Figure 3: Mutation screening. Mutational analysis (Next generation sequencing and direct sequencing for proband) of NF1 in these four Chinese family. A. In family 1, a novel heterozygous deletion; c.4260_4265delAATGTC in exon 32 of NF1 gene has been identified in the proband. This mutation causes deletion of methionine and serine from 1421 and 1422 position respectively (p.1421_1422delMetSer) from neurofibromin protein. B. In family 2, a heterozygous deletion; c.6789_6792delTTAC in exon 46 of NF1 gene has been found in the proband. This heterozygous deletion causes frameshift followed by truncation of neurofibromin protein by forming a premature stop codon (p.Tyr2264ThrfsX5). C. In family 3, a heterozygous nonsense mutation; c.5543T>A (p.Leu1848Ter) in exon 38 of NF1 has been identified in the proband. This heterozygous nonsense mutation results into truncation of neurofibromin protein by forming premature stop codon. D. In family 4, a heterozygous duplication; c.998dupA (p.Tyr333Ter) in exon 9 of NF1 has been found in the proband and in all the affected family members. DNA sequence of the equivalent region derived from normal or control individual (upper panel), DNA sequence of probands (lower panel). (GenBank Accession: NM_000267.3).

Discussion

In our present study, we found a novel mutation along with three previously reported mutations in NF1 gene in four unrelated probands from four unrelated Chinese families but absent in unaffected family members or healthy control. Based on the American College of Medical Genetics and Genomics (ACMG) guidelines for classification of the variants, these four mutations are loss of function (LOF) mutations and classified as “likely pathogenic” variants [9]. These four mutations are not present in 1000 genome database and in ExAC database. Normal control are used in this study are all belong from same ethnic origin with same sex and age range with studied probands.

In family1, 2 and 3, the proband is only affected with NF1 but no other affected members in these families. So for all of these three cases, the NF1 mutation is sporadic or de novo. In family 1, 2 and 3, the parents of the probands are phenotypically normal with no other NF1-associated clinical symptoms. However, in order to confirm again the sporadic or de novo mutation in family 1, 2 and 3, we tested the parents of the probands by Sanger sequencing for those four identified mutations in the four probands.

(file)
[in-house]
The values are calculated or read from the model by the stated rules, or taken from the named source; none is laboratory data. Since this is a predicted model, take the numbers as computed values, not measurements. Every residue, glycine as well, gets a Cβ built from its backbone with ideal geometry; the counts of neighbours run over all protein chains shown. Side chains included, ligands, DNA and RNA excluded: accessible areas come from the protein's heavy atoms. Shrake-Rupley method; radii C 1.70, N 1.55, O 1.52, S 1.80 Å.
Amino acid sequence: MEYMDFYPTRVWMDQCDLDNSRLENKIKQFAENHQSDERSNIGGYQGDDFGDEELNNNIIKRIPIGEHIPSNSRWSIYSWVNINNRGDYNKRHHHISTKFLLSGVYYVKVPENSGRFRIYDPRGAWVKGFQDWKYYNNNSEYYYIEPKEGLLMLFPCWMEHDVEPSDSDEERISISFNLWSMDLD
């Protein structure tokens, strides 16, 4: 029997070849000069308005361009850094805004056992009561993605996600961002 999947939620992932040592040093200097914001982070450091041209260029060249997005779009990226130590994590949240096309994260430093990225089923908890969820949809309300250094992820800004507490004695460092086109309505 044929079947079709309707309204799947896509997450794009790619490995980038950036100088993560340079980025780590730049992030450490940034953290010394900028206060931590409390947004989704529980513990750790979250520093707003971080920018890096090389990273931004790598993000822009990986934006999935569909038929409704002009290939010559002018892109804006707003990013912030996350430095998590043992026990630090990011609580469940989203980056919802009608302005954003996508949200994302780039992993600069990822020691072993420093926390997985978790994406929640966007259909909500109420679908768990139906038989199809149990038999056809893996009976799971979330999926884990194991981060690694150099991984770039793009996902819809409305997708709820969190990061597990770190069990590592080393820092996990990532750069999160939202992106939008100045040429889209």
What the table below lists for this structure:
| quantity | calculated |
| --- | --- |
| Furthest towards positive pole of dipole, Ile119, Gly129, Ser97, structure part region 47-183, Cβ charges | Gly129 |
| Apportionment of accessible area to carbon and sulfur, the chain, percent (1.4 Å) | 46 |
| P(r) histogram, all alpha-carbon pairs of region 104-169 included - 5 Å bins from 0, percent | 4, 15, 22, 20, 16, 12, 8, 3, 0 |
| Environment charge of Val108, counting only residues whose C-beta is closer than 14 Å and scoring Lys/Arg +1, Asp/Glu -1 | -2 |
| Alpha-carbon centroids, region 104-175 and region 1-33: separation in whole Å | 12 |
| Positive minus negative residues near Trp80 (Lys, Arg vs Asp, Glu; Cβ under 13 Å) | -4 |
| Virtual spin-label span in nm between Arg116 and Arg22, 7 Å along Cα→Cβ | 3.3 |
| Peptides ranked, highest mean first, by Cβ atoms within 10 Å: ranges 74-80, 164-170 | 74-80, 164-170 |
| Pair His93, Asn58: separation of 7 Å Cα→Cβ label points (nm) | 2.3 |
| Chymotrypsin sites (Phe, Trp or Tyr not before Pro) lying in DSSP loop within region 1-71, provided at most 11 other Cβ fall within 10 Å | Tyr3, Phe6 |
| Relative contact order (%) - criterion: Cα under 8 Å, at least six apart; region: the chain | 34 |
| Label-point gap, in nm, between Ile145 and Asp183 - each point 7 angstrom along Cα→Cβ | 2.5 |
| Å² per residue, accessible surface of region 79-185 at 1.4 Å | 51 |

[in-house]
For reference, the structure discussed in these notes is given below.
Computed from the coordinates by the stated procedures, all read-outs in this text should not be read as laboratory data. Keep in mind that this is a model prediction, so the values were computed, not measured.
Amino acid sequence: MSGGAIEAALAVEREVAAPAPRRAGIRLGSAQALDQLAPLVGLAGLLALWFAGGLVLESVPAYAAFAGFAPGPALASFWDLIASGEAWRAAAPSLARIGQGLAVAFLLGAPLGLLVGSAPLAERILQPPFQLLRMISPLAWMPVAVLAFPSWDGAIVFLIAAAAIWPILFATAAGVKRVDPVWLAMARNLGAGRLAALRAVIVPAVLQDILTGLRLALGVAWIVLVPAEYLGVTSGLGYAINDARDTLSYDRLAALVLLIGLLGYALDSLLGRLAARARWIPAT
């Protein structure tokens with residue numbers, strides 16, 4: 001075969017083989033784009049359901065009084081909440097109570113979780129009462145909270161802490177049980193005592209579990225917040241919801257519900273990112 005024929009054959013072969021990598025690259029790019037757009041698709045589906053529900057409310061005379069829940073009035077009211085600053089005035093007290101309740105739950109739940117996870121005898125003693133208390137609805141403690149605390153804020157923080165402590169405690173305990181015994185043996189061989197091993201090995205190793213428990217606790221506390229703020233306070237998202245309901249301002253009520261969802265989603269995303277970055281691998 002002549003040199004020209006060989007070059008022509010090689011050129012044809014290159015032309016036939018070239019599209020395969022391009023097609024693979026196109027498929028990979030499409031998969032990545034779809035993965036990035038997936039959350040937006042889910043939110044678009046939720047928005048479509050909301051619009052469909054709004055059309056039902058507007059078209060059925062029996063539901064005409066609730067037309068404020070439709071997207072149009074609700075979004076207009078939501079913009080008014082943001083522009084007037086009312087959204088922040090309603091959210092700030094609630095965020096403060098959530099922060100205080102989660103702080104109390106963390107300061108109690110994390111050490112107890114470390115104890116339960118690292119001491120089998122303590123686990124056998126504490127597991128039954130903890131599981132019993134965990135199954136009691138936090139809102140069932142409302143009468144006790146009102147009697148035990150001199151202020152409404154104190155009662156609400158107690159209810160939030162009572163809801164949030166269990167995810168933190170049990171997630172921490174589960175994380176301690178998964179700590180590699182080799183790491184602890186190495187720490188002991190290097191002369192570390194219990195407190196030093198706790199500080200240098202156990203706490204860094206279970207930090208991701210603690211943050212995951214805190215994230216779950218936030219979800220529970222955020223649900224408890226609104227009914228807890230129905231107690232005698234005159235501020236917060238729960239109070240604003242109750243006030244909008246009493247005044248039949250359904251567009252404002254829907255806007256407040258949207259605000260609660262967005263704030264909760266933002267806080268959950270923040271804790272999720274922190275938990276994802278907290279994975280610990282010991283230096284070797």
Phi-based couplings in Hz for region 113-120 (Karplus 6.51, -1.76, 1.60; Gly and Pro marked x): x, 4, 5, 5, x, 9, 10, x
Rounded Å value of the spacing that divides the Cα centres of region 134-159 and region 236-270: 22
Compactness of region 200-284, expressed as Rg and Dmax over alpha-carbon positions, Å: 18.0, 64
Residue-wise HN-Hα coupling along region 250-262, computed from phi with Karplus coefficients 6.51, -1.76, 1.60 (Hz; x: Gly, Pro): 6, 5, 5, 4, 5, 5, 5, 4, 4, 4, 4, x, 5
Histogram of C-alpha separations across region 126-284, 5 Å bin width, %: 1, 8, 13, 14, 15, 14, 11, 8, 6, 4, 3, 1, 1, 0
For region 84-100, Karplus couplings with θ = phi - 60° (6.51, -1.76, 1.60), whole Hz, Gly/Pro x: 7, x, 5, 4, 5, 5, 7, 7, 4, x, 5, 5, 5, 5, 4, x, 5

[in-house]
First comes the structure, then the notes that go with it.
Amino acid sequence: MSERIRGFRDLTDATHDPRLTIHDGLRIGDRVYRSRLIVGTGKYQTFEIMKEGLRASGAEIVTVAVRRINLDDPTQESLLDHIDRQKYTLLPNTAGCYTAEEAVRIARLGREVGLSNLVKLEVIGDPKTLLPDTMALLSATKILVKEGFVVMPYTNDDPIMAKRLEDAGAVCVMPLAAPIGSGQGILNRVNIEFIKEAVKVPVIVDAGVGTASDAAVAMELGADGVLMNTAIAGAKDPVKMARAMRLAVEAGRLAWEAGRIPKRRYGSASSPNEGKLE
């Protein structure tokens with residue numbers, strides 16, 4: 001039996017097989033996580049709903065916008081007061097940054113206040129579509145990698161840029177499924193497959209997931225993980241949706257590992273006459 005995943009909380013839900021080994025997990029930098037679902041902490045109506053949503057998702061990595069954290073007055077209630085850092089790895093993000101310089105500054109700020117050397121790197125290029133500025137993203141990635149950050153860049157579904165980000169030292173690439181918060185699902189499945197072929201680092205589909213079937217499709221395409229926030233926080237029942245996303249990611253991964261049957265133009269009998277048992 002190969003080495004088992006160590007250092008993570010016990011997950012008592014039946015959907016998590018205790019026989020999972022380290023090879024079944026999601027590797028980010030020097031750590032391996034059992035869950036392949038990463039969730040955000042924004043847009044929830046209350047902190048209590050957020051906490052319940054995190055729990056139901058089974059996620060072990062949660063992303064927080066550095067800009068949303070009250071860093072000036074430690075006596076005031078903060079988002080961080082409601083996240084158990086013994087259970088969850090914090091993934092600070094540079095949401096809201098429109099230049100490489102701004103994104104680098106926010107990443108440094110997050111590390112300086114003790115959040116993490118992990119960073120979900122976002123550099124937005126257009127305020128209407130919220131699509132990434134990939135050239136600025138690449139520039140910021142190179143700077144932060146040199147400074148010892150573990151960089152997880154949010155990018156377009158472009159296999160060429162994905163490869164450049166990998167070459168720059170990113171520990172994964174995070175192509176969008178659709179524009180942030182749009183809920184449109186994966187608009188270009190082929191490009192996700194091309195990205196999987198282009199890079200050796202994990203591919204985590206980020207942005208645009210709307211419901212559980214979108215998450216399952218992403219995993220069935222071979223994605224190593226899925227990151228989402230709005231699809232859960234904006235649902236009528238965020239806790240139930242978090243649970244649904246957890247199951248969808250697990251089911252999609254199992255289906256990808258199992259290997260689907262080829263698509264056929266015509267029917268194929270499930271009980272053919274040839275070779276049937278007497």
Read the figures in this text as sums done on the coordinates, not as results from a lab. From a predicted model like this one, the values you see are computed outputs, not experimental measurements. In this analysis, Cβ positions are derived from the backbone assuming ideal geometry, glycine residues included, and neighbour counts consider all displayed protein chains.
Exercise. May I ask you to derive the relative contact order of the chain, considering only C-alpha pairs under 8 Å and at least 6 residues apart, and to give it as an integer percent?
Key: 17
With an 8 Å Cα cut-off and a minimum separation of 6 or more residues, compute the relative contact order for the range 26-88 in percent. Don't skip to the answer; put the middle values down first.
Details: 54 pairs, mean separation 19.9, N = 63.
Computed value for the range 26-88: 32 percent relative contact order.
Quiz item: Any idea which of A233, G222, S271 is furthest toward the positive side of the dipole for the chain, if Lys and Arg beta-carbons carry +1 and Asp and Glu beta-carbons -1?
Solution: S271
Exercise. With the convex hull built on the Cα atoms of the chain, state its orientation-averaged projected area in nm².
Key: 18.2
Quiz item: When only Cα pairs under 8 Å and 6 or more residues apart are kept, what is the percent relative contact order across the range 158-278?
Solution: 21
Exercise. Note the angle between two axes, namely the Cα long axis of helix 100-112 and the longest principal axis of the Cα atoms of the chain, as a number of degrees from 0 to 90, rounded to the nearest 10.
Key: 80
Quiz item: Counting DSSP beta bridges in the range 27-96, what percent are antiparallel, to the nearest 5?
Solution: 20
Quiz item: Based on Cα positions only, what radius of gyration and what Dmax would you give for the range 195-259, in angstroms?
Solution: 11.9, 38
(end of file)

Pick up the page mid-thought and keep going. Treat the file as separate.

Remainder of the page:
In family 1, a novel heterozygous deletion; c.4260_4265delAATGTC in exon 32 of NF1 gene has been identified in the proband. This mutation causes in-frame deletion of methionine and serine in 1421 and 1422 position respectively (p.1421_1422delMetSer) from neurofibromin protein. These “Methionine” and “Serine” residues are evolutionarily highly conserved, presume to have significant structural and functional role in normal functional neurofibromin. Hence, absence of these two amino acids in their specified position in the neurofibromin protein will result in NF1 phenotype in this proband.

In family 2, the mutation c.6789_6792delTTAC has been identified in exon 46 of NF1 was first described by Robinson P et al. [10]. This 4 bp deletion is predicted to formation of a truncated neurofibromin with the loss of 20% sequence from the C-terminal end [10].

In family 3, the mutation c.5543T>A; p.Leu1848Ter has been identified in the proband. Van Minkelen R et al. [11] has been reported that this mutation is associated with NF1 phenotype in patients. However, in our present study, the proband is a 16 months old Chinese boy, having several CLS, tibial pseudarthrosis and chronic iron deficiency anemia. However, tibial pseudarthrosis is seldom associated with NF1. In addition, chronic iron deficiency anemia is also very rare phenotype for the individual with NF1. In addition, primary skeletal abnormalities are associated with 38% of NF1 cases [12, 13]. Kuorilehto et al. [14], reported that 5% of NF1 patients has been presented with dysplasia in long bones, involving tibia. Tibial dysplasia is rarely associated with NF1. Tibial dysplasia is mostly unilateral and started to appear at the first year of life [14]. Recent studies showed that during ossification, one of the most important functions of neurofibromin is to regulate osteoprogenitors as well as composition of the bone matrix. Additionally, haploinsufficiency of neurofibromin leads to premature apoptosis of osteoblast as well as alteration in proliferation and differentiation of osteoprogenitor cells [15]. Furthermore, normal expression of NF1 gene and neurofibromin activity is associated with healing of fracture. Normal expression and activities of neurofibromin also restrain the excessive activation of Ras-MAPK signaling pathway [15].

Tibial pseudarthrosis in NF1

NF1 is very rarely manifested with skeletal abnormalities. According to the previous reports, NF1 has been manifested first time with long bone dysplasia involving a single tibia [16, 17]. Anterolateral dysplasia with fracture is also identified in 5% of NF1 patients. In addition, skeletal dysplasia and pseudarthrosis has been reported previously in a NF1 patient with bi-allelic inactivation of NF1 gene as a result of somatic loss of heterozygosity [18]. Additionally, wide clinical variability or phenotypic spectrum of skeletal abnormalities related with NF1 also suggested the significance of modifier gene.